Columnist wants turn at trough
January 17, 2006
We’re about to embark on another state legislative session, and I have a way to help.
The debate that is raging deals with the rather significant sum of $529 million. That is the approximate amount of new revenue available for our elected representatives to use for 2006. Some in the House and Senate wish to proceed with capital outlay requests to improve our communities and the services they provide, while some wish to give the excess money back to its citizens and let them spend it.
“I can’t believe anyone wants another half a billion spent on state government, “ said Sen. Leonard Lee Rawson, R-Las Cruces, the minority whip. “Let the people spend their own money.”
Still others want a direction that embraces both schools of thought. What I’m doing is a compromise along those lines. I am proposing a capital outlay request, with benefits reaching a New Mexico citizen.
No, Mr. Rawson, I don’t want half a billion spent on state government. But I could conceive a quarter of a million spent on ME.
The following are items that would improve my way of life, provided through tax dollars that I helped generate in 2005 with all of the sales tax I spent on movie rental and the fuel taxes I spent traveling to cover high school football games across the state. I have itemized each item, but I hope for no line-item vetos:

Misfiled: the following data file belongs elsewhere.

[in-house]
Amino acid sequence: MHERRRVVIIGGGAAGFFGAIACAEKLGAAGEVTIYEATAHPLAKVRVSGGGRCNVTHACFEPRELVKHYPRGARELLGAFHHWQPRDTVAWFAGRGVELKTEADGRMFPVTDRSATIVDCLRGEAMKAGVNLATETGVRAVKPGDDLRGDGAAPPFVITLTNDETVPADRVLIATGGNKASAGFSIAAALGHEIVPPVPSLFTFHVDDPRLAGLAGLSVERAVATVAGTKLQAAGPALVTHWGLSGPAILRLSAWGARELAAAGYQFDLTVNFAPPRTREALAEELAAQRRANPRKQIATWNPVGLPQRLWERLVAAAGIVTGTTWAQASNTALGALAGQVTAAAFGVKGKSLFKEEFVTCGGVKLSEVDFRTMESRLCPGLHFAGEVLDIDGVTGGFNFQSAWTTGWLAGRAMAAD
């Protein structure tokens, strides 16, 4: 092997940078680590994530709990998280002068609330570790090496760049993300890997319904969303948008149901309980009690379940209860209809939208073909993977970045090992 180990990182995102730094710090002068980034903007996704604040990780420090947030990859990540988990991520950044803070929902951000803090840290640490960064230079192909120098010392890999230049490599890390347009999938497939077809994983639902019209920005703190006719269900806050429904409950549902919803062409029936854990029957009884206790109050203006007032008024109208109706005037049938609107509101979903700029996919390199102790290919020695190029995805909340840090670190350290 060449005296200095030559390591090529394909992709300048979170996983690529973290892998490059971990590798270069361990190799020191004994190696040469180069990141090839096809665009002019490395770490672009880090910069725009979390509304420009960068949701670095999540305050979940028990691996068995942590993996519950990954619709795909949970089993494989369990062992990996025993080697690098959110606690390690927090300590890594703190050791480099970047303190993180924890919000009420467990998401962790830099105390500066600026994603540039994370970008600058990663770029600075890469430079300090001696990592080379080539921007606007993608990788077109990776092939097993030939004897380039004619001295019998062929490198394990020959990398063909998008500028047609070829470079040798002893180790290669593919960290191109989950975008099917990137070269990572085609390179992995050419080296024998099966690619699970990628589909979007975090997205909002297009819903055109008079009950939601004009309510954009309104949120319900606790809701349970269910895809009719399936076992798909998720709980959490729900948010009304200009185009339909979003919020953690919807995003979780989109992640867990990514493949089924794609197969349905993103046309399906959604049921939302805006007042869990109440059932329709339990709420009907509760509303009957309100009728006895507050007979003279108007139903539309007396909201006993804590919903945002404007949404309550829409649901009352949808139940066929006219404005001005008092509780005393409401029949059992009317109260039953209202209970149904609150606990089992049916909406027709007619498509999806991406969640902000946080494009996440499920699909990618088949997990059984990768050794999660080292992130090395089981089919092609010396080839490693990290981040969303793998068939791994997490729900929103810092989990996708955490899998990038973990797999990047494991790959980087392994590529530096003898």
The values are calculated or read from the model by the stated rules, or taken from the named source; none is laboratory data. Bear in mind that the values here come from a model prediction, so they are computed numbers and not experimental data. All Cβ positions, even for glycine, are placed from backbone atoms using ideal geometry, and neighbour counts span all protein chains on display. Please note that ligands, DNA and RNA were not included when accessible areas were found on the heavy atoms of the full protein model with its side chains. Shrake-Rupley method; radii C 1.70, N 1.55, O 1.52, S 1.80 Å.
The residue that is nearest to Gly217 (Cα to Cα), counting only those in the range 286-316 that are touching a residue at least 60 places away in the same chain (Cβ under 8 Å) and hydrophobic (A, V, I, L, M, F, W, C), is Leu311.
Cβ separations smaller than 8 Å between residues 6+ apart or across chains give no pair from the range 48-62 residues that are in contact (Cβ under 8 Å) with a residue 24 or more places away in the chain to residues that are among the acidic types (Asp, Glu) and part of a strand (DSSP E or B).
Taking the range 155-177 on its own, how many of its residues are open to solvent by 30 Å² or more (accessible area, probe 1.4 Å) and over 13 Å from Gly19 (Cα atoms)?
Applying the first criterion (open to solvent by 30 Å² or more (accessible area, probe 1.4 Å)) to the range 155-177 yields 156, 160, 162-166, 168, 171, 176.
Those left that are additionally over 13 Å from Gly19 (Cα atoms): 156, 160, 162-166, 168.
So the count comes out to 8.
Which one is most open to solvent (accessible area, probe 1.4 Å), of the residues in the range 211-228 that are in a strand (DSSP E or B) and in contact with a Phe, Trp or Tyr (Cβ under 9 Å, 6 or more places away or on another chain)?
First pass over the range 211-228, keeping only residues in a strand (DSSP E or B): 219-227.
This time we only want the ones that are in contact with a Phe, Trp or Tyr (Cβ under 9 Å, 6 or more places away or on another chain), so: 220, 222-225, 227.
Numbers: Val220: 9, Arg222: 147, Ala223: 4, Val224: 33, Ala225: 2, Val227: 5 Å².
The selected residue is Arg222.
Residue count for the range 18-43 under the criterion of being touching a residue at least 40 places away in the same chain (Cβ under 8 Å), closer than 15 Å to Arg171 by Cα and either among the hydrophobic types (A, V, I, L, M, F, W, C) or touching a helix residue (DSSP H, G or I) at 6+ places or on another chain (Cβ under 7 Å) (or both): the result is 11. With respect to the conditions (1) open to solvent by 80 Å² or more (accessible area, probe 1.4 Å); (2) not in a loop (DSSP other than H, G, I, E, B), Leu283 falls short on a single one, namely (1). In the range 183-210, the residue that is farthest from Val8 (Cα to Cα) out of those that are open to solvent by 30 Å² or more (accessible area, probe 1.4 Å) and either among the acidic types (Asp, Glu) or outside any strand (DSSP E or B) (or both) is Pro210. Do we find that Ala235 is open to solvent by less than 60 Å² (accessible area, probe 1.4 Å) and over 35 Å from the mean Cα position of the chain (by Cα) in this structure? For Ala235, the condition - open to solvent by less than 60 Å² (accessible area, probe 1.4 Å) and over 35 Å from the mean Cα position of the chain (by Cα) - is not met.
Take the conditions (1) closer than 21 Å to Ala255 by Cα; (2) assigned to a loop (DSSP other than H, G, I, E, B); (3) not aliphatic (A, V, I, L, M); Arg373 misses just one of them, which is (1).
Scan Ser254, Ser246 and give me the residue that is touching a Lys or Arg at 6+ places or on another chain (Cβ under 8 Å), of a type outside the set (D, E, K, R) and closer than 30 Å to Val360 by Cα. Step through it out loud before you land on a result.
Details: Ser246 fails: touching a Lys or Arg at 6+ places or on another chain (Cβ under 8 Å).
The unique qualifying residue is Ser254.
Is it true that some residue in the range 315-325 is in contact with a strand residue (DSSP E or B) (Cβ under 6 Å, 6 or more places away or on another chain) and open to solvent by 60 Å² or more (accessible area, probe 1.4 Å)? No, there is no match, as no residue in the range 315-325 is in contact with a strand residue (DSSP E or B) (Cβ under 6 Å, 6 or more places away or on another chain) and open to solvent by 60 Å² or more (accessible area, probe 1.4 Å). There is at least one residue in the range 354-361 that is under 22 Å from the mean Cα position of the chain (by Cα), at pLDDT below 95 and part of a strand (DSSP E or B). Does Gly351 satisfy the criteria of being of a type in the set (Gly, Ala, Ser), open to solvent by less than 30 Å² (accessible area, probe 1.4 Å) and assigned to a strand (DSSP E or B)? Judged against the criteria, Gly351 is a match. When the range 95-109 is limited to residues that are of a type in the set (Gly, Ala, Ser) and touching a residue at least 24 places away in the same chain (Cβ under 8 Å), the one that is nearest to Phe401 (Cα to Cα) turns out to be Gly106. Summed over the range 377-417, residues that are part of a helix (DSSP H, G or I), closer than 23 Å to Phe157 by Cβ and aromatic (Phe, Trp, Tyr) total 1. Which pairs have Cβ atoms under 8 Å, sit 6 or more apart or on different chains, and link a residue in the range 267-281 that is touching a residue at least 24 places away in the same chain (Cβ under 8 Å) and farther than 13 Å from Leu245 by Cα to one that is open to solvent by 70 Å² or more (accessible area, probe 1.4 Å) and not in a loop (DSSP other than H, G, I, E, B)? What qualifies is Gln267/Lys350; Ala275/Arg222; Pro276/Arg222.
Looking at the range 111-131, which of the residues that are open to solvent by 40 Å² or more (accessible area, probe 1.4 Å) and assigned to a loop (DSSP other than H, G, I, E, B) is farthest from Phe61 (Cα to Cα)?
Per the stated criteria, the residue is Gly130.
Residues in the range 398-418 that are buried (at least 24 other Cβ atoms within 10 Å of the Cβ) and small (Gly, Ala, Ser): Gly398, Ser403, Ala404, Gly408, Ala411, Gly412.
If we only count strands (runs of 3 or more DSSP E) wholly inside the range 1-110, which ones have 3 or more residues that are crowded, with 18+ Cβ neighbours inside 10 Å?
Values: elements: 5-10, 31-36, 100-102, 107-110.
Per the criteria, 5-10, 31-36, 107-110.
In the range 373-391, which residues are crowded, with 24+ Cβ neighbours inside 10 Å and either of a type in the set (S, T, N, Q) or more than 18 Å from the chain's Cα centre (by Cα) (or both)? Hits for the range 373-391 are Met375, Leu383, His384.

• $200,000: A new home, preferably big enough to house an area for entertaining guests, along with a gym to maintain my health. The money would be reinvested in the community, as the commission would surely help some real estate agent and his or her family.
• $1,500: Tempur Pedic sleep system. By buying a name-brand sleep system — not a bed, a sleep system — I’ll be sure to be a well-rested citizen, able to do my best work whether it’s at my paid position or as a volunteer. Who couldn’t use a well-rested volunteer?
• $17,000: Transportation. A new Scion xB, stylish and efficient, would come nicely loaded with an adequate stereo system so I could listen to National Public Radio and stay informed. I could also buy from a New Mexico dealer, ensuring that another family benefits from the commission of my expenditures.
• $1,250: Fuel. Assuming I get 30 miles per gallon, with 15,000 miles traveled in 2006 and fuel at a price of $2.50 per gallon, a pre-paid fuel card worth this much would last through the year.
• $175: Training items. With New Mexico as a border state, it is always important to be well-versed in combating terrorism. That’s why purchasing the four season sets of FOX’s 24 program could keep me abreast of the latest possibilities in crime prevention.
• $899: Communication. With a new Sanyo high-definition camcorder, I could easily record things I have learned and help educate others throughout New Mexico. Think of it as a citizen training expense.
• $130: Leather massage chair. An item like this at my job would give me the motivation I need to come back from my lunch break early. There’s no telling how these extra few minutes, or my relaxation, could benefit readers.
Grand total: $220,954, or roughly .04 percent of the state’s revenue.
There you have it. A list of items that could help a New Mexico citizen, plus two other New Mexico families through trickle-down economics, and it’s about $4,000 less than my pre-determined quarter-million dollar budget. I expect this will be approved right away. A citizen should expect nothing less.
Kevin Wilson is a staff writer at the Portales News-Tribune. He can be reached at 356-4481, ext. 32, or by e-mail: